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2022 Fall Wine Club Release

Dear Club Members,

The 2022 harvest is in its final stages.  As of this writing, I still have several varieties hanging out there in the vineyard, struggling to mature.  And for that to happen, I need some cooperation from Mother Nature, who, as you know, has been swinging around on her pendulum for the last month. A heat wave in early September with 10 days in the 110 degree range, followed by cool spell accompanied with rain (up to two inches in some areas) have put growers and winemakers on edge. If vines had brains, I'd say they must be as confused as we are.  

We have selected three great wines for you this quarter: two popular blends and one stand-alone variety.  The common theme among the three is that all are made, at least partially, from what one might call "oddball" varieties.  That is to say, grape varieties that make up 2% or less of California's total red or white wine production.

2019 Tempranillo

This variety is still outside the mainstream, but as time goes by, it is becoming more and more popular.  Festivals such as the Lodi Tour of Tempranillo (November 12-13, 2022) help get the word out.  But out of the 1.6 million tons of red wine grapes produced in California last year, this variety only represents .46% of the total with 7400 tons produced.  It has a long ways to go, but I'm doing my part to get the word out.  In fact, this is one of my favorite wines. I find this vintage to be medium density in terms of color.  Its fragrance suggests hints of leather and tobacco.  It has good acidity supported by mature tannins, followed by a lingering finish.  It's a great food wine and is one of my go-tos when it's time for me to bar-be-que a Thanksgiving turkey.

2019 Triolo (Italian Blend)

Fifty percent of the wine in this blend is Sangiovese, which is a popular variety in some circles but still just comprises just .2% of California's red wine production.  Along with Tempranillo, you can find this variety in both supermarkets and restaurants that offer a wide variety of wines. Many of the offerings, however, will probably be imported from the country where the grape is widely grown, such as Italy, in the case of Sangiovese and Spain, in the case of Tempranillo.  That's okay.  I think the more people buy the imports, the more they are likely to buy a California label when they see it.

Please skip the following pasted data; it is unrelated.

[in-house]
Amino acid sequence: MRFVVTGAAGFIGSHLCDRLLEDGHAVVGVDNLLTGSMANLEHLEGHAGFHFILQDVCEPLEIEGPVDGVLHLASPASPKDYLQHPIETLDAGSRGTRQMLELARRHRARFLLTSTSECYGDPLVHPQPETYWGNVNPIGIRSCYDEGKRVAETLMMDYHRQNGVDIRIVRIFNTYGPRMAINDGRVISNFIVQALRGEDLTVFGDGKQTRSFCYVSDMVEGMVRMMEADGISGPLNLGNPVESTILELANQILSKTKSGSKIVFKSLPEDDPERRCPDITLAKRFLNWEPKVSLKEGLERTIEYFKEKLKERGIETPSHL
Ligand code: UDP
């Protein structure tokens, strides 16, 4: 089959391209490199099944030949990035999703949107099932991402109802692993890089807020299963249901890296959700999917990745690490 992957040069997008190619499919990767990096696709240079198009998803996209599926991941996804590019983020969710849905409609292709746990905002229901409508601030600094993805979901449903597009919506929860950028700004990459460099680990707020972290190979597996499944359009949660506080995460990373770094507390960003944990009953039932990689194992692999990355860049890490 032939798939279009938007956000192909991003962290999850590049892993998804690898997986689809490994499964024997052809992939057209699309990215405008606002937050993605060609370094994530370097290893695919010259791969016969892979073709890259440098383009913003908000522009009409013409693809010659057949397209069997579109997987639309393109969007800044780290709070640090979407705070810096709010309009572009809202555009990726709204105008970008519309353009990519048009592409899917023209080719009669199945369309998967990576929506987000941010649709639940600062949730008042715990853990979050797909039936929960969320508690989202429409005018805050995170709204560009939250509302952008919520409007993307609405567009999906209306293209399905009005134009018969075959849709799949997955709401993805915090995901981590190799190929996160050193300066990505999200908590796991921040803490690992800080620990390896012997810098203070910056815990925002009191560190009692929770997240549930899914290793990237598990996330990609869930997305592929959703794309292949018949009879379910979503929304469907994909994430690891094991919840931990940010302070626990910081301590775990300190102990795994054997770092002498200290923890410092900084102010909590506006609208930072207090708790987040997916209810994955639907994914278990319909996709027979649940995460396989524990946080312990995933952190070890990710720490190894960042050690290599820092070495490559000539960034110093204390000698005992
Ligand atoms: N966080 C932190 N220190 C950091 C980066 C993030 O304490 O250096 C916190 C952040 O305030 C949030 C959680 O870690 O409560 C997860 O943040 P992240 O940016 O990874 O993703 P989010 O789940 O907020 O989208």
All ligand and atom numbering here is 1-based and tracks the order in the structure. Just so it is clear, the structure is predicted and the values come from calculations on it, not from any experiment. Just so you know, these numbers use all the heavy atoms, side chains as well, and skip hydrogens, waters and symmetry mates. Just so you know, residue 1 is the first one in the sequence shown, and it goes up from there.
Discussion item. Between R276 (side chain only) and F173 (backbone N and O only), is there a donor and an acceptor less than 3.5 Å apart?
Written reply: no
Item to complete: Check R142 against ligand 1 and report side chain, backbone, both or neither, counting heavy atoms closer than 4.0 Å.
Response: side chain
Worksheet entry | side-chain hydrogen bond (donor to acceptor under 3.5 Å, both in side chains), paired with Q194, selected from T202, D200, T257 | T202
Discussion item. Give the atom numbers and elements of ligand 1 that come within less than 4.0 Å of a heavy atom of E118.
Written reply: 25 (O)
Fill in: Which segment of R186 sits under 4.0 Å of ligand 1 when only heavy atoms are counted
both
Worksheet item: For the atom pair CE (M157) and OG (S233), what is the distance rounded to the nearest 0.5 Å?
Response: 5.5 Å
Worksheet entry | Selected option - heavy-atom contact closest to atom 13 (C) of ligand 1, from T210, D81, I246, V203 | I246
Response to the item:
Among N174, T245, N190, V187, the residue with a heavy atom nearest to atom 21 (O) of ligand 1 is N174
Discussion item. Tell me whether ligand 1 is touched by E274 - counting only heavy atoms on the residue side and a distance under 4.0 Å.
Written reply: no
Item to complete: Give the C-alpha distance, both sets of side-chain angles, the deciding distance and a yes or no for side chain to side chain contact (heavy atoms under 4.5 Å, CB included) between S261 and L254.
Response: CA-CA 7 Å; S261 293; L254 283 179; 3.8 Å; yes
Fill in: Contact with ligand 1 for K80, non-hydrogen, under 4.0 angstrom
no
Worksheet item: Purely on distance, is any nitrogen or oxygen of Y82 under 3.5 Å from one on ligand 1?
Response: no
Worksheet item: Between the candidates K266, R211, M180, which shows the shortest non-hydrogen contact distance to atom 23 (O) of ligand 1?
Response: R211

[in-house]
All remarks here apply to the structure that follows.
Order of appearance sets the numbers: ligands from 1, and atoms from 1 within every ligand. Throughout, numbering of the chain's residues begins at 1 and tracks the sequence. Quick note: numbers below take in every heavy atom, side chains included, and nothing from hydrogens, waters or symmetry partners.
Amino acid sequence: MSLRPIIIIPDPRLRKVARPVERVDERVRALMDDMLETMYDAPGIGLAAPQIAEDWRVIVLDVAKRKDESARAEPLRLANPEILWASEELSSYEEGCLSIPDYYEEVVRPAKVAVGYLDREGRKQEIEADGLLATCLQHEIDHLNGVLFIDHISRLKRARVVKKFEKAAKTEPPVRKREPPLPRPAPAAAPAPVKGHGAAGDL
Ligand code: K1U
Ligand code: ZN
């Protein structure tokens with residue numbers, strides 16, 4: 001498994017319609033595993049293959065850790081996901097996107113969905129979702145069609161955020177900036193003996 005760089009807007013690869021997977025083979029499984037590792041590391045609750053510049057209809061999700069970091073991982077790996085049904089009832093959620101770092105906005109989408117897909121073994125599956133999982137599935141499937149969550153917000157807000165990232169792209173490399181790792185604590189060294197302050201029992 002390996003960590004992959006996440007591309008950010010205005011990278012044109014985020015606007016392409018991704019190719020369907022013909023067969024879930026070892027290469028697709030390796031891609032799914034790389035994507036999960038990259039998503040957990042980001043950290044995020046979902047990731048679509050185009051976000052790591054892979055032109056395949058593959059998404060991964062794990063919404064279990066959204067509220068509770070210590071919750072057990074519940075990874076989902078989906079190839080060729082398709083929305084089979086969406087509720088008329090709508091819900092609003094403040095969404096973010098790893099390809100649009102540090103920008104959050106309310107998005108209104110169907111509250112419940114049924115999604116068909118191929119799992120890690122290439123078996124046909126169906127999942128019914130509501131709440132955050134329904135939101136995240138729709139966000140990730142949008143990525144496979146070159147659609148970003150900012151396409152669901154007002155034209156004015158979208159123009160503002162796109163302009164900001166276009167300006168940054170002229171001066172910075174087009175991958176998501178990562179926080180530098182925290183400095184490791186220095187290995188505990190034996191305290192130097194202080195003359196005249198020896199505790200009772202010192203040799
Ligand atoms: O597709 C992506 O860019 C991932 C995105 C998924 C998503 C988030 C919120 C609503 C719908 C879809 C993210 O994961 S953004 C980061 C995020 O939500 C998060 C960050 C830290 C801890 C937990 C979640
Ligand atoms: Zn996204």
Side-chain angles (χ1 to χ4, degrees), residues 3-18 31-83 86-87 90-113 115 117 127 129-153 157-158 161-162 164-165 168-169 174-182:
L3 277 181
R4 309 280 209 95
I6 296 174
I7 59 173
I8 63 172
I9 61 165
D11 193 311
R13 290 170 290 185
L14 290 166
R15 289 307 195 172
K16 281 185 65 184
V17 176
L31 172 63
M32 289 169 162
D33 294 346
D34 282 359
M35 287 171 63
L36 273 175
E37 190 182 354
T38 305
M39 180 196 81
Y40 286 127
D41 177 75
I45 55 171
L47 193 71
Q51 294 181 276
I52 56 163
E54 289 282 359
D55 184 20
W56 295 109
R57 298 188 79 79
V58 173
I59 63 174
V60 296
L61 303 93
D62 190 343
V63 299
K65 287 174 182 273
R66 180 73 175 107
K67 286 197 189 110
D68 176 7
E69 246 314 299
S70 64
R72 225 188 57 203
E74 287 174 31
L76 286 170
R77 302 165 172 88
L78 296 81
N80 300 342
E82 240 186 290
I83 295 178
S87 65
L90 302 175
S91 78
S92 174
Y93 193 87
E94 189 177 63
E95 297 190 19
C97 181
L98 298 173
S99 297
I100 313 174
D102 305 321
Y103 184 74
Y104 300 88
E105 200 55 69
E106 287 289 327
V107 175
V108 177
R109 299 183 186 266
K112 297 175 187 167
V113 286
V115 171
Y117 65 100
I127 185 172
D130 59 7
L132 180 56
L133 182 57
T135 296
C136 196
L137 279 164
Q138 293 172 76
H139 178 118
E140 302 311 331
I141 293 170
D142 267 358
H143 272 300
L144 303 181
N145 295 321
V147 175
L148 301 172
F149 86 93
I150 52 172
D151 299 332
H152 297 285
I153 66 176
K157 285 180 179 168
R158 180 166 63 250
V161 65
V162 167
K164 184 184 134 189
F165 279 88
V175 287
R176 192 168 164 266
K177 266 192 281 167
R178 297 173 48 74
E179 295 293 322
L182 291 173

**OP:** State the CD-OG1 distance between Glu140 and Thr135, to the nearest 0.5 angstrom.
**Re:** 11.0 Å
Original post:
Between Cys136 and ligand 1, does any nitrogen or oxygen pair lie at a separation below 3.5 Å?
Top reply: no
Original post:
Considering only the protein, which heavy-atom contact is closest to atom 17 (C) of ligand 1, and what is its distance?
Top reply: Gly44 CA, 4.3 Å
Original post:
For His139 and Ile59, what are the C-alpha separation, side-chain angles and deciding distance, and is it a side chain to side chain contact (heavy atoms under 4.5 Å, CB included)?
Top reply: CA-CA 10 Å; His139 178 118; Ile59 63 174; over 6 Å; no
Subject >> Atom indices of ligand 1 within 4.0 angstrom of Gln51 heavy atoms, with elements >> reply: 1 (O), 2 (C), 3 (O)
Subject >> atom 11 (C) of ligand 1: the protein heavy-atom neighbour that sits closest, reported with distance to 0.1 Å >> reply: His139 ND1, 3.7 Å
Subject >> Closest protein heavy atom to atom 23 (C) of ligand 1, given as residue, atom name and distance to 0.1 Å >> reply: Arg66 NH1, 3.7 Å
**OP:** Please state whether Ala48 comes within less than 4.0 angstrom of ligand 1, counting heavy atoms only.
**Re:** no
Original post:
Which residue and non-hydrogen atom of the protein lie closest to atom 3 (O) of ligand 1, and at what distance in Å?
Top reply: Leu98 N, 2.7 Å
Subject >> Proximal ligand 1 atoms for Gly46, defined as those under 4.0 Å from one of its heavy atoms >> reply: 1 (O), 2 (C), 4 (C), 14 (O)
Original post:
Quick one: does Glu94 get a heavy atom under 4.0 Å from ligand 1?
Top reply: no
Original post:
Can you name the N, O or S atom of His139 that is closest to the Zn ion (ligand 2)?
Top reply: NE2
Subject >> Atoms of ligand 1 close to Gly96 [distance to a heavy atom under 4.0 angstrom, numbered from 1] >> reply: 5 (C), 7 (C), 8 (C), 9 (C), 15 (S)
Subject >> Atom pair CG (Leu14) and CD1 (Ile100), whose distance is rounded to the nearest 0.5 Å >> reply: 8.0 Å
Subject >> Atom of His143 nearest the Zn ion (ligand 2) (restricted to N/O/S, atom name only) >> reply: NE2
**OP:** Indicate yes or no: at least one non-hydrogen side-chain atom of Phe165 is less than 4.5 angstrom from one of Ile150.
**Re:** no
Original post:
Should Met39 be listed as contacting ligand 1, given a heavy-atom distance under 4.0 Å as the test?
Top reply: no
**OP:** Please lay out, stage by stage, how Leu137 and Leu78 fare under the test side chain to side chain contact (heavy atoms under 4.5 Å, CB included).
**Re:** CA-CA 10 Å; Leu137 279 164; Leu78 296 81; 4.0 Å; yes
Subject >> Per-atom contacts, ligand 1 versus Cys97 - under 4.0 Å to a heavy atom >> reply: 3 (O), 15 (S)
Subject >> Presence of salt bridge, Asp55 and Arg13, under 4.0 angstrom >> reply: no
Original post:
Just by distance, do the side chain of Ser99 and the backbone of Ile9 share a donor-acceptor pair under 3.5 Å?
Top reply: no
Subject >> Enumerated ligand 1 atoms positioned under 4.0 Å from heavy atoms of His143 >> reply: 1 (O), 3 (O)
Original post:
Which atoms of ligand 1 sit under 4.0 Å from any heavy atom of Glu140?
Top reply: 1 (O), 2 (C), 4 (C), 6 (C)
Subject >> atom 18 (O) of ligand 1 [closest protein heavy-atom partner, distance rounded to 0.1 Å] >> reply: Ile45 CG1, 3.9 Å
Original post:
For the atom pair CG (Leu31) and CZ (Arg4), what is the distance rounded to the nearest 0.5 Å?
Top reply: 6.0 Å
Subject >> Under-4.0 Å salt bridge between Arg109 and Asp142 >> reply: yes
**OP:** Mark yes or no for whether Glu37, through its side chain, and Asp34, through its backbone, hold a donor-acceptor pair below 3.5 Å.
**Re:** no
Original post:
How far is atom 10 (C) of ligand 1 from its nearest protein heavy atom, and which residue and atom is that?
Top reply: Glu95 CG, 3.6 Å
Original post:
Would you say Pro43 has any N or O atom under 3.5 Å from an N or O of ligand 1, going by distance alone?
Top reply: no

Sangiovese brings a lot to the table in terms of character and personality. Bright flavors, beautiful hues and good age-ability are among those traits. You'll find this wine to be dominated by red fruit flavors, with a firm, supple texture supported by soft, lingering tannins. The other two varieties in this blend are Barbera and Zinfandel, both at 25%.


2019 Viva! (Portuguese Blend) (3+ Bottle Clubs)

This wine is made from three of the most obscure varieties grown in this state, all of which are from Portugal: Touriga Nacional (4000 tons produced), Souzao (800 tons produced) and Tinta Cao (a mere 471 tons produced). To be honest, they will remain nitch wines forever because, until people become familiar with Portuguese, very few wine consumers can say their names. Regardless, THEY MAKE GREAT WINE! You'll find this wine to be slightly more dense in color than the Tempranillo.  It has a subtle, but clean fragrance, with big, bold flavor comprised of dark fruit and a firm structure and mouthfeel. If you want to lay one of these wines down, I'd say this would be my choice as it has the tannin to allow it to age well.



All three wines are the same price, depending on your club level discount based on a $28 retail. If you are so inclned, I recommend you try them out before the end of the month comes around so you can take advantage of the steeper discounts offered on additional purchases.

Thank you for participating in our wine club.  Any feed back you might have is always appreciated.



Wine description & write-up by owner/grower/winemaker Tom Hoffman​







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